"TB CASE SPURS PANIC"
Patient told not to fly, but did anyway - docs fear deadly bug may spread
NY DAILY NEWS
Wednesday, May 30th 2007, 12:18 PM
A man with a rare and lethal form of TB was coaxed into an isolation unit of Bellevue Hospital after triggering a transatlantic scramble for people he may have infected, officials said yesterday.
The tuberculosis patient was ordered locked up - and then transferred by a special plane to an Atlanta hospital - because he ignored federal no-fly orders and twice boarded packed jumbo jets for flights between Europe and North America.
It was the first time since 1963 that the feds have ordered a person quarantined.
The Georgia man, who has not been identified, is infected with a mysterious strain with the ominous designation .XDR-TB - which stands for extensively drug-resistant TB. There is no known cure, and about half the people who get the bug die from it.
The international alarm was raised yesterday by Dr. Julie Gerberding, director of the federal Centers for Disease Control and Prevention, who went on TV to ask anyone who was on Air France Flight 385 from Atlanta to Paris on May 12 or Czech Air Flight 0104 from Prague to Montreal on May 24 to be tested for TB. Gerberding said it was not clear how contagious the man was during his travel.
"If there is a risk, these are the kind of trips that could pose a risk of transmission," she said.
The man was told not to travel in early May, after he was diagnosed.
He left for Europe anyway.
He told The Atlanta Journal-Constitution yesterday that he went for his wedding and honeymoon.
CDC officials tracked him down in Rome and told him not to take a commercial flight home. Instead, they would send a plane for him so he would avoid contact with other passengers, Gerberding told National Public Radio.
"He was told in no uncertain terms not to take a flight back," said Dr. Martin Cetron, director of the CDC's division of global migration and quarantine.
The man, who asked the paper not to identify him, said he took the Prague-to-Montreal flight to avoid the CDC's no-fly restriction, but said, "I didn't want to put anyone at risk. We just wanted to come home and get treatment."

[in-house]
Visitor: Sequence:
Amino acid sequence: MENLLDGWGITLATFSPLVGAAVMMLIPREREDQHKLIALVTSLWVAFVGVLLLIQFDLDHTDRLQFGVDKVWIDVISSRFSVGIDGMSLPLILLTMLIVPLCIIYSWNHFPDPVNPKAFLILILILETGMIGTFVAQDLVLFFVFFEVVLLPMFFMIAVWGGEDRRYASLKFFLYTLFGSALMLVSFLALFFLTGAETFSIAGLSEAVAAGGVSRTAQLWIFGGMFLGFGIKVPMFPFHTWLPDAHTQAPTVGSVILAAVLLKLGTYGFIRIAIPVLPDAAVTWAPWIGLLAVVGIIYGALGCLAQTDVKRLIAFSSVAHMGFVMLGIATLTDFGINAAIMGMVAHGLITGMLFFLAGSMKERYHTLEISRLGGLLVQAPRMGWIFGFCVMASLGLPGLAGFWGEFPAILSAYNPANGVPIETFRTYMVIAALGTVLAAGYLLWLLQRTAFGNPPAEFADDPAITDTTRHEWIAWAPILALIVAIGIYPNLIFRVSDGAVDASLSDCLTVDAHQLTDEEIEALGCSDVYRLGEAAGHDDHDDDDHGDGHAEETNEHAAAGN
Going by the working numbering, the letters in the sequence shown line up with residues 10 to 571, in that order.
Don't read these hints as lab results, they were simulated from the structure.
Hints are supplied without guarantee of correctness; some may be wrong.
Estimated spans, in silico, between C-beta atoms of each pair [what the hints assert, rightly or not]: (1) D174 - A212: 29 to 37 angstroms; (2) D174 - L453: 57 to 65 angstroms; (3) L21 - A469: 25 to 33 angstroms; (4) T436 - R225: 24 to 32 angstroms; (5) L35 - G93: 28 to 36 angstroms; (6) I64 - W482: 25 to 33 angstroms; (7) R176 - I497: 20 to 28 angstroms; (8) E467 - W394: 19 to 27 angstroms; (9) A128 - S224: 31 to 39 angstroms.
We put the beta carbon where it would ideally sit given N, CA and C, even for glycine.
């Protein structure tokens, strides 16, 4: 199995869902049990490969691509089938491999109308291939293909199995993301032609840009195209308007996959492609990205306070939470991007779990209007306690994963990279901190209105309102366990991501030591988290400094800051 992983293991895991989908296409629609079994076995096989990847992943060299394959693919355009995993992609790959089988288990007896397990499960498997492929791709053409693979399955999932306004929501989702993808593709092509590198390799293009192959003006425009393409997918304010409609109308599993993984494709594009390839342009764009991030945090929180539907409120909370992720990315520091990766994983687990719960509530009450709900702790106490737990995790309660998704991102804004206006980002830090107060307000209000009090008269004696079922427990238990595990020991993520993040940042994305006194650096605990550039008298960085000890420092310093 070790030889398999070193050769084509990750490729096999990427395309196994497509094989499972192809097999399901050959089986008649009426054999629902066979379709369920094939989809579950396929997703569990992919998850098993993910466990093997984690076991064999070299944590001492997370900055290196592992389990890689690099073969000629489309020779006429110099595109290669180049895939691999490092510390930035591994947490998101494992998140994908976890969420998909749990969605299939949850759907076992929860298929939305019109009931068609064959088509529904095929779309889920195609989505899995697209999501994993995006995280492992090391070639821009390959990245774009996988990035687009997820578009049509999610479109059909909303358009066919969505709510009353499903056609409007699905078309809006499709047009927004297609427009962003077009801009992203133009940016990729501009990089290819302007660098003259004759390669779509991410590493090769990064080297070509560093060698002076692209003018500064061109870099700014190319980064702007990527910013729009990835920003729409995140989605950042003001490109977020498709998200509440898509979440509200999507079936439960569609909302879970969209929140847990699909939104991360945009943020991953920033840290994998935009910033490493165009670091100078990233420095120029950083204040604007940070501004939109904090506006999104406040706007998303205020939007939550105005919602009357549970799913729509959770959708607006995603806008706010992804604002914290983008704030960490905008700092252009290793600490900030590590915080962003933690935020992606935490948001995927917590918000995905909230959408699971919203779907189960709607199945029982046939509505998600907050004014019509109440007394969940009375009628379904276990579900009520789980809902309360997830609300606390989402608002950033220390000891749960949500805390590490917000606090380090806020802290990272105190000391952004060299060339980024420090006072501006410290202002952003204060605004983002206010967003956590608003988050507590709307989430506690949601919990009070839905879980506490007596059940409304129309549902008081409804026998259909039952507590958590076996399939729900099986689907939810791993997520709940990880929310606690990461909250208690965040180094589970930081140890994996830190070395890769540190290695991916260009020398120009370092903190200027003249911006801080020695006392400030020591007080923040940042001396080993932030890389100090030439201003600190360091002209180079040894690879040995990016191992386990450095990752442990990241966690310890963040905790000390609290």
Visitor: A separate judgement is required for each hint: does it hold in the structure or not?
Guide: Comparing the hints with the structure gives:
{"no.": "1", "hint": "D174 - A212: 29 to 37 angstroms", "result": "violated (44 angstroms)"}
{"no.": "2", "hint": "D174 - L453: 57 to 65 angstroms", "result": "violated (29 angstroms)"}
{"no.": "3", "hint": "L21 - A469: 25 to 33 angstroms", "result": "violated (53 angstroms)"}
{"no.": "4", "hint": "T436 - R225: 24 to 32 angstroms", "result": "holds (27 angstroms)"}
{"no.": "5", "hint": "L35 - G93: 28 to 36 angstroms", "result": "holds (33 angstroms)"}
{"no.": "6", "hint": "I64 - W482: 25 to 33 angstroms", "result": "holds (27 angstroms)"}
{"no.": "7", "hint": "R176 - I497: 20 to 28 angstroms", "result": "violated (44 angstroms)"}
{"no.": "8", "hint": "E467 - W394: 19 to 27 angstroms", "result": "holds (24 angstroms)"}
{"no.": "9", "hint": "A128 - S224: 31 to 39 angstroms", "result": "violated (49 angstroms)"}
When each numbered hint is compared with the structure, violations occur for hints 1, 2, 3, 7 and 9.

After arriving in Montreal, he drove across the U.S. border and within a day of reentering the country was persuaded to turn himself in at Bellevue.
Health officials stressed the man did not pose a threat to New Yorkers because he drove himself to the hospital and did not interact with anyone other than medical professionals.
"We have no information to suggest anyone in New York City is at any risk," said Andrew Tucker, a spokesman for the city Health Department.
At Bellevue, the man was isolated for three days in a "highly specialized" TB unit where doctors and nurses expert in handling TB cases watched him around the clock. He was eventually flown in a CDC plane to Atlanta, where he was put in isolation.
He will not be charged with a crime, despite ignoring the no-fly orders. "No laws were broken here. This is a very complicated situation," Gerberding said. But the man still said he was upset with the way his situation has been handled.
"I'm a very well-educated, successful, intelligent person," he said. "This is insane to me that I have an armed guard outside my door when I've cooperated with everything other than the whole solitary-confinement-in-Italy thing."
XDR-TB is a strain of the bacterial infection that does not respond to typical first- and second-line antibiotics. It kills patients as often as half the time, said Dr. Bruce Polsky, chief of the infectious diseases division at St. Luke's-Roosevelt Hospital.
Some 49 cases have been reported in the U.S. since 1993.
"It's considered virtually untreatable," Polsky said.
But Gerberding said there are success stories.
"There are people who . . . survived and are considered to be disease-free," Gerberding said.
Two quotes above stand out:
"I'm a very well-educated, successful, intelligent person," he said...
"I didn't want to put anyone at risk. We just wanted to come home and get treatment."
Despite his claims of intelligence, his actions put everybody he flew with at risk. XDR TB is very dangerous despite the small chance of transmission. People with contagious diseases who claim they feel 'fine' are the most dangerous. Fortunately he didn't have something more virulent.
What he really meant to say (especially for the Montreal flight) was, "We wanted to come home so fuck all those other people on the flights we took."
Of course, almost seven years of functionally gutting important federal agencies like the CDC & FEMA by putting in layers of politial appointees (where competance takes a back seat to party loyalty) to run them hasn't helped either.